Archives: science fiction

Science Fiction 101 Reading List

What are the fundamental books a newcomer to science fiction should read in order to achieve a basic conversance with the genre? To keep this practicable for this notional novice, what ten books would suffice?

I am unqualified to answer this question. My list would necessarily displease everyone. Only an unjustifiably self-confident jackanapes, a grinning idiot embodying the Dunning-Kruger Effect would even attempt such a thing.

Right, I’m your man then.

Don Pendleton’s Science Fiction?

You may have known it, but it came as a surprise to me: Don Pendleton wrote science fiction. Mind blown, right?

Wait, maybe I should back up a step. I’m proceeding under the assumption that you are all familiar with Don Pendleton. That could be a mistake, what with the assuming and all. Don Pendleton is known for writing the long-running men’s adventure series The Executioner. You may remember seeing these paperbacks in the checkout aisles at grocery stores back in the eighties, the covers featuring a dark haired man with a gun (that would Mack Bolan himself, the eponymous executioner), a hot chick in the mid-ground, and maybe some armed baddies in the background. The books were probably shelved next to others with such titles as Stony Man, or Phoenix Force.

I think I’ve read a couple of the Mack Bolan books. I vaguely remember reading one in a library in Hawaii. And I think I read at least one of the related titles. I seem to recall reading one back in high school, about the same time my friend up the street was running me through solo Top Secret adventures (though that may be trick of the memory creating false cross-references.)

So anyway. That Don Pendleton. He also wrote science fiction. I just finished The Guns of Terra 10, a 1970 paperback that almost reached 190 pages in length. How was it? Really, not as bad as you might think. Pendleton was actually playing with some interesting themes. Or perhaps he’d just finished reading A Brave New World while sitting through re-runs of Star Trek. But to give him credit, he did seem involved in the idea of human genetic engineering and its potential long term consequences. He also worked out his own baloney FTL concept instead of relying entirely upon handwavium engines. I particularly enjoyed his idea of twin guns, one firing matter, the other anti-matter, with the two meeting at the aiming point. Pretty cool.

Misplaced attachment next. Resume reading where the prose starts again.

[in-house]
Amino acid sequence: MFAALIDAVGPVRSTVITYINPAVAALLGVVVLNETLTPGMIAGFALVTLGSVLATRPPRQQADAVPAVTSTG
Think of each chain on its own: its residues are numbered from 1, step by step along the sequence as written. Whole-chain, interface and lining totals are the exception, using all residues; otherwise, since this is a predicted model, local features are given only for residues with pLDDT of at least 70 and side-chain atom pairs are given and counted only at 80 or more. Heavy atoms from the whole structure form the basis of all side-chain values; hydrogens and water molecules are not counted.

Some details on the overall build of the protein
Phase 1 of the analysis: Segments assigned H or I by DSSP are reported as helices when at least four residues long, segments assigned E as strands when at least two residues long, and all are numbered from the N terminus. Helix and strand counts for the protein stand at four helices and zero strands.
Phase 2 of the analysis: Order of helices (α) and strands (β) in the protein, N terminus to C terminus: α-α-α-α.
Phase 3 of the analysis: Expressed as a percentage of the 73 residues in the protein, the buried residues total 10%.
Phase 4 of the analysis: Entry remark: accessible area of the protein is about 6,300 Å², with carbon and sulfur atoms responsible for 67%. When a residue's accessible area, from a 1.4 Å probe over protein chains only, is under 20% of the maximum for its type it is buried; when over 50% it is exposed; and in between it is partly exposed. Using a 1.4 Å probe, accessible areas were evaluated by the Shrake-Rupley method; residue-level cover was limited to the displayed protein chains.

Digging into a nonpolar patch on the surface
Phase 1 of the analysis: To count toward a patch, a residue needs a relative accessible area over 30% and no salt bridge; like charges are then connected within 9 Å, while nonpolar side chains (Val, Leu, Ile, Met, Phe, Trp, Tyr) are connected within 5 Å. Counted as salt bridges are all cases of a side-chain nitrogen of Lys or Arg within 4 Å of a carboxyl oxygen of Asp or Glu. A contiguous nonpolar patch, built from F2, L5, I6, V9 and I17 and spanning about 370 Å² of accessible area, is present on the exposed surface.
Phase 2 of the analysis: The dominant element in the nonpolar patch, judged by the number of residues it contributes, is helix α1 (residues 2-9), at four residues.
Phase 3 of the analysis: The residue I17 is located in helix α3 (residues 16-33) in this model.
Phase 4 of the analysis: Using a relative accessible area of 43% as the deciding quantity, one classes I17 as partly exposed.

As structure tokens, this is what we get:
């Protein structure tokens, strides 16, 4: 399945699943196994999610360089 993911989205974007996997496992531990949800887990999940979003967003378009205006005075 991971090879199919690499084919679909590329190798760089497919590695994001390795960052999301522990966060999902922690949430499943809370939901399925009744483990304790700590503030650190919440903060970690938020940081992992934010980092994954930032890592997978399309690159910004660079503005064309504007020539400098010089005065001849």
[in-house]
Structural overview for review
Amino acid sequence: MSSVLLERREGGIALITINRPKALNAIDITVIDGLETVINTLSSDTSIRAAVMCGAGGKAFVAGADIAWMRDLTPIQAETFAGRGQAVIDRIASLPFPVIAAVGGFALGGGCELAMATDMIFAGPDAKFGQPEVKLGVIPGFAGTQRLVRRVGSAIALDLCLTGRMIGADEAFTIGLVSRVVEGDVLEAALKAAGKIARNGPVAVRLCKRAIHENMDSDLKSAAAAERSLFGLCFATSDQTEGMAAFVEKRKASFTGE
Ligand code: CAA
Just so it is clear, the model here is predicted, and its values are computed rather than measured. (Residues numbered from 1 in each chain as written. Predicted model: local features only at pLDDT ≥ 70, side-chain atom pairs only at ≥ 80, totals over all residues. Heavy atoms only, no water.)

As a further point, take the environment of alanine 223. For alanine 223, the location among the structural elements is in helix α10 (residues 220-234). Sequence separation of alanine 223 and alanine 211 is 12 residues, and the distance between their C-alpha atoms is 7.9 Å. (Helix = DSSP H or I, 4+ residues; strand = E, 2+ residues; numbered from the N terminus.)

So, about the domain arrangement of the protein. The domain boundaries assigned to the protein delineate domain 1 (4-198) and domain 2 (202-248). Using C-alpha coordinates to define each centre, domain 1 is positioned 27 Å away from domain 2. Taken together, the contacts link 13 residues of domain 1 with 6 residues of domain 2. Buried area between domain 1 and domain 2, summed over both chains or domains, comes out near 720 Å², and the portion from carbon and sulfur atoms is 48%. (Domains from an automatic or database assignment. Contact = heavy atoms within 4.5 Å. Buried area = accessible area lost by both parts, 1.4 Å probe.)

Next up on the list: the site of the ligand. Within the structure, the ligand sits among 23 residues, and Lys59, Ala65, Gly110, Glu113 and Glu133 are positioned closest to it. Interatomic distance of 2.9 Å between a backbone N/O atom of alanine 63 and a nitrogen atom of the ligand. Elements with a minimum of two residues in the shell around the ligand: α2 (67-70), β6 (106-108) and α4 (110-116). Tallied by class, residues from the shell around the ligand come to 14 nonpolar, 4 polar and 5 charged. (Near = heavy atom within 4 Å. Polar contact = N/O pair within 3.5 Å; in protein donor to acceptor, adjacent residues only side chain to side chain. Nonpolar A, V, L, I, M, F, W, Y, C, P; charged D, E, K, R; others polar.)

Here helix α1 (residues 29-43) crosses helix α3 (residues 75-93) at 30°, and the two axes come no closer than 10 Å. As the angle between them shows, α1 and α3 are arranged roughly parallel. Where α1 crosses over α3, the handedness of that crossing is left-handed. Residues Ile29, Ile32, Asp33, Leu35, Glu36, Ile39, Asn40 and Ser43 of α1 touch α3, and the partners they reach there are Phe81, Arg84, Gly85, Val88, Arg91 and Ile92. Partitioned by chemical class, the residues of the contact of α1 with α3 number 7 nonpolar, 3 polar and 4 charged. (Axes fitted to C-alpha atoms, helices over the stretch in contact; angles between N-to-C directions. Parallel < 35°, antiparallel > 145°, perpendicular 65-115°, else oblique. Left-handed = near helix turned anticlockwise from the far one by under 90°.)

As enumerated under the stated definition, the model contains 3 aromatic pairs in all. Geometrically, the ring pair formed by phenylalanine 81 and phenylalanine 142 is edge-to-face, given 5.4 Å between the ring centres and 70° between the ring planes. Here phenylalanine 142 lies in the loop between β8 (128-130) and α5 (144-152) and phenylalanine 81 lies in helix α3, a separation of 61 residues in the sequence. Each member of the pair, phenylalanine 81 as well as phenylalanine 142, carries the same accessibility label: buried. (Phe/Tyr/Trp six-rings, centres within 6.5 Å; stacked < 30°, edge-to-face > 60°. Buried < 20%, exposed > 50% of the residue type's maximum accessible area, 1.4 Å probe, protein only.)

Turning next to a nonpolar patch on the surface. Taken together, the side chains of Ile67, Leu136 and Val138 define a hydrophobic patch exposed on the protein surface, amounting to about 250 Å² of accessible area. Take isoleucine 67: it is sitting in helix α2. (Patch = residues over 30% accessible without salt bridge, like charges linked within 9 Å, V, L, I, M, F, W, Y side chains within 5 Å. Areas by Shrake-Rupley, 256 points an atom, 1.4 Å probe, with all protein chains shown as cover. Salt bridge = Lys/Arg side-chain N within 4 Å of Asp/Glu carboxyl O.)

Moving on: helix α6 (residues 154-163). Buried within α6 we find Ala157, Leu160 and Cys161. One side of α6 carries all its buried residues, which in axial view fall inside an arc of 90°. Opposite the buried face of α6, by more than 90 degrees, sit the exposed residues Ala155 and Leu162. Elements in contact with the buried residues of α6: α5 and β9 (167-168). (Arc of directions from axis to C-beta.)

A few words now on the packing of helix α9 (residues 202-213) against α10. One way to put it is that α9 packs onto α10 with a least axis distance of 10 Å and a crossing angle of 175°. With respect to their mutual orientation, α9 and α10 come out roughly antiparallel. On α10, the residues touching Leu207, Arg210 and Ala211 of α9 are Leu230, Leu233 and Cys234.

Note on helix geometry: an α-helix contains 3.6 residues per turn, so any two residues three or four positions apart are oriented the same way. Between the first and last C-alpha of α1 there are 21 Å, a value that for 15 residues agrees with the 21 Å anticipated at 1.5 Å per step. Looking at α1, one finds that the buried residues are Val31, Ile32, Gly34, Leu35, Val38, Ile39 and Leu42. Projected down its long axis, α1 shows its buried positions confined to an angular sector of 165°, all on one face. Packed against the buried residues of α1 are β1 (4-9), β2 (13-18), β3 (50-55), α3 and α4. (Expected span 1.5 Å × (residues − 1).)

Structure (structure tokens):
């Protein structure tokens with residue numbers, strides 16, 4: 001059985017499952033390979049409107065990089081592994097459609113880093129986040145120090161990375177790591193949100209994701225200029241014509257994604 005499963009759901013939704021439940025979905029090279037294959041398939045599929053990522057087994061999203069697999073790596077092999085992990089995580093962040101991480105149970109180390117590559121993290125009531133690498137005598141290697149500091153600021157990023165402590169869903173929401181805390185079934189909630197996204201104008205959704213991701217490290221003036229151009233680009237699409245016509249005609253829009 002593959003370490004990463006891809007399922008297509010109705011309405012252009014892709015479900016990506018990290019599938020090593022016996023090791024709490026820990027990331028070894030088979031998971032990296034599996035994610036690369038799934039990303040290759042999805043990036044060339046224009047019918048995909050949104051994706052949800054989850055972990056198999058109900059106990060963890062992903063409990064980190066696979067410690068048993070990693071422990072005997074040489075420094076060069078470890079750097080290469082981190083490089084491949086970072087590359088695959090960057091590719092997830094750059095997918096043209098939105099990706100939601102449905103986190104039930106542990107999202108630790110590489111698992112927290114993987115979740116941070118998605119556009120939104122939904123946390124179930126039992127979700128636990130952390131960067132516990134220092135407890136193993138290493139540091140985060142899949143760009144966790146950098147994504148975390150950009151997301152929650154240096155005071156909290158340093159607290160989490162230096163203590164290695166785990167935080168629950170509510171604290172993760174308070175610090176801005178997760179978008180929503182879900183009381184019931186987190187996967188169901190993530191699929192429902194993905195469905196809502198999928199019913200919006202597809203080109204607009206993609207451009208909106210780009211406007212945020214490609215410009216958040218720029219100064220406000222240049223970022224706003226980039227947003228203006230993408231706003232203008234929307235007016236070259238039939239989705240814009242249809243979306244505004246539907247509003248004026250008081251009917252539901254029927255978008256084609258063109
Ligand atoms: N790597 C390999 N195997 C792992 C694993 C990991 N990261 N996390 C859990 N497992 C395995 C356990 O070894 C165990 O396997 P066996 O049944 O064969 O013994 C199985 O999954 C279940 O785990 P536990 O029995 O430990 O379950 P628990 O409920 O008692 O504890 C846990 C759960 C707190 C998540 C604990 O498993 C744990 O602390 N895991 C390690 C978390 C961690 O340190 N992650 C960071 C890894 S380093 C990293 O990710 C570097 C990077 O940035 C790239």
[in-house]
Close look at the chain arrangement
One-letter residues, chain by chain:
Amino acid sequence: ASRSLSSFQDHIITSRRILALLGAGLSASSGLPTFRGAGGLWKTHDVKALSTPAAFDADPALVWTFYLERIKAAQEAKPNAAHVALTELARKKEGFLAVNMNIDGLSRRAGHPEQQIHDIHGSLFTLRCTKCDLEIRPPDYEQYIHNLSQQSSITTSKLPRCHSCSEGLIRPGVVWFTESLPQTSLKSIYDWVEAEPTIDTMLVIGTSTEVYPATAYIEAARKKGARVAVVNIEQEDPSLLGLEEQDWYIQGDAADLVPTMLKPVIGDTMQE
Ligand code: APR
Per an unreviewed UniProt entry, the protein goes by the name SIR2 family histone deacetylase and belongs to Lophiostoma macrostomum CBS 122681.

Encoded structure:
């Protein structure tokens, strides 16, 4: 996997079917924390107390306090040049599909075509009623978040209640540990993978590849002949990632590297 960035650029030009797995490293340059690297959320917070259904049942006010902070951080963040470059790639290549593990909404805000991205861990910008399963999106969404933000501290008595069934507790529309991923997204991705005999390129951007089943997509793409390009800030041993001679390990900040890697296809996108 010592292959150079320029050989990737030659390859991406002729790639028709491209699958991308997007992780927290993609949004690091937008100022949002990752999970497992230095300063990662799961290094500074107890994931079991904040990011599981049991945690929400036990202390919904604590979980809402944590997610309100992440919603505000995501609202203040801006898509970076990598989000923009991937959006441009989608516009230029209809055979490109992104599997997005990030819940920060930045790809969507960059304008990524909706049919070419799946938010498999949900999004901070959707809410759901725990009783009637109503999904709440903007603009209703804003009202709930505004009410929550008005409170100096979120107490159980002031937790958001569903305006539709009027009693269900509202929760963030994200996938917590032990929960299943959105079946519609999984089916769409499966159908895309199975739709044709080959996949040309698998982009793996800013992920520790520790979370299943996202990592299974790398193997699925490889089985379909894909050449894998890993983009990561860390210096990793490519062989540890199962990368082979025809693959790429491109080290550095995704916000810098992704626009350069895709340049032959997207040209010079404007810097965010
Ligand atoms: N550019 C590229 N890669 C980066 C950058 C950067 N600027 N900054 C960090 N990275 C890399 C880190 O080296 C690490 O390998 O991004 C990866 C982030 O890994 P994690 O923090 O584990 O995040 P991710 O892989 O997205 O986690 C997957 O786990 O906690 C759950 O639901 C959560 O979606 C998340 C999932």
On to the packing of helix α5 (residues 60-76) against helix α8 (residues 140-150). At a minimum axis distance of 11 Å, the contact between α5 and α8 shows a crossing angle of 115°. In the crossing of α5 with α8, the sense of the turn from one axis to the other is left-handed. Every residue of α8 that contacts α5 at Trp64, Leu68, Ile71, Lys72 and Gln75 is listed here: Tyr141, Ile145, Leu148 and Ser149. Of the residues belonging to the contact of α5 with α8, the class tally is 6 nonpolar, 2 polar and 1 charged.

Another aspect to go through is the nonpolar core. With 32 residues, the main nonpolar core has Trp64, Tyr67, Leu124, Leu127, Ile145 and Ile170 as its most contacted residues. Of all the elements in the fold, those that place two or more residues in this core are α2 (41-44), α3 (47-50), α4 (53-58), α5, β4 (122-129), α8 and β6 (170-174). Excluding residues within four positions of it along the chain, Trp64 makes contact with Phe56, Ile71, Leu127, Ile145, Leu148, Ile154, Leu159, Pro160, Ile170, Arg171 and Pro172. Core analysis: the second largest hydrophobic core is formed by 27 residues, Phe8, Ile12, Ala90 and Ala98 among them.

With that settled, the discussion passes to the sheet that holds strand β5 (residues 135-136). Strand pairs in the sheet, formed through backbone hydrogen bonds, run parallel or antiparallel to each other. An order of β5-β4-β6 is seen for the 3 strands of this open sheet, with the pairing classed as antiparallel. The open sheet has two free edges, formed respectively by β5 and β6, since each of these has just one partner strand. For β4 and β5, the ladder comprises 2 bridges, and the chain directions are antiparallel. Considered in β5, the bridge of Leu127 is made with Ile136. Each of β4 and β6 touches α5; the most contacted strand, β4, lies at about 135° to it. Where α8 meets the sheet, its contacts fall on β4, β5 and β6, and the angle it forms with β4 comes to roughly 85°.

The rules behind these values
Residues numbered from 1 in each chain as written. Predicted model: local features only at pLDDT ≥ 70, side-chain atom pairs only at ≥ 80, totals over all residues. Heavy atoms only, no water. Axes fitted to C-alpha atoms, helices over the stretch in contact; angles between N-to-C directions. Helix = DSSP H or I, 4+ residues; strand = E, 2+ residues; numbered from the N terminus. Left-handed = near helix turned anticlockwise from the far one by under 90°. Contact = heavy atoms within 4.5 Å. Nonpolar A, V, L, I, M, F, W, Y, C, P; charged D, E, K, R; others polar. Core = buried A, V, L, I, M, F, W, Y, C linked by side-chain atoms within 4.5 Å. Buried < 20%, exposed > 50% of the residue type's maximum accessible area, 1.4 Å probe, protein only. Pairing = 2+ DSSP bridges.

I won’t go so far as to recommend it. But if you have the hankering for the sort of fiction in which fist-fights lead to friendship and understanding, or are in the mood for loving, extended descriptions of breasts, or want to enjoy a crew of uneducated, agricultural yokels essentially dropping into the bridge of the USS Enterprise and working the controls with no appreciable concern for the learning curve — then, hey, this might be the book you’re looking for.

Sterling Lanier: Appendix N Meets the Apocalypse

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For many, the 1980’s were years shadowed by the specter of nuclear war. I never worried about it. But nuclear war — the chances, the scenarios, the aftermath — fueled the creations of filmmakers, writers, musicians, etc. It was the decade that brought Kris Kristofferson’s seamed, craggy face to our TV screens for the mini-series Amerika. It brought us Phil Collins caterwauling with puppet Thatcher and Reagan on MTV. And it brought us Sterling Lanier’s post-apocalyptic novels Hiero’s Journey and Unforsaken Hiero.

Soldiers and Science Fiction

 

There is a tendency to think the military comprises dour, unimaginative people of the sort who’d have no use for science fiction, fantasy, or other such frivolous nonsense. A lot of films depict soldiers as robotic, linear thinkers, programmed to follow orders without deviation.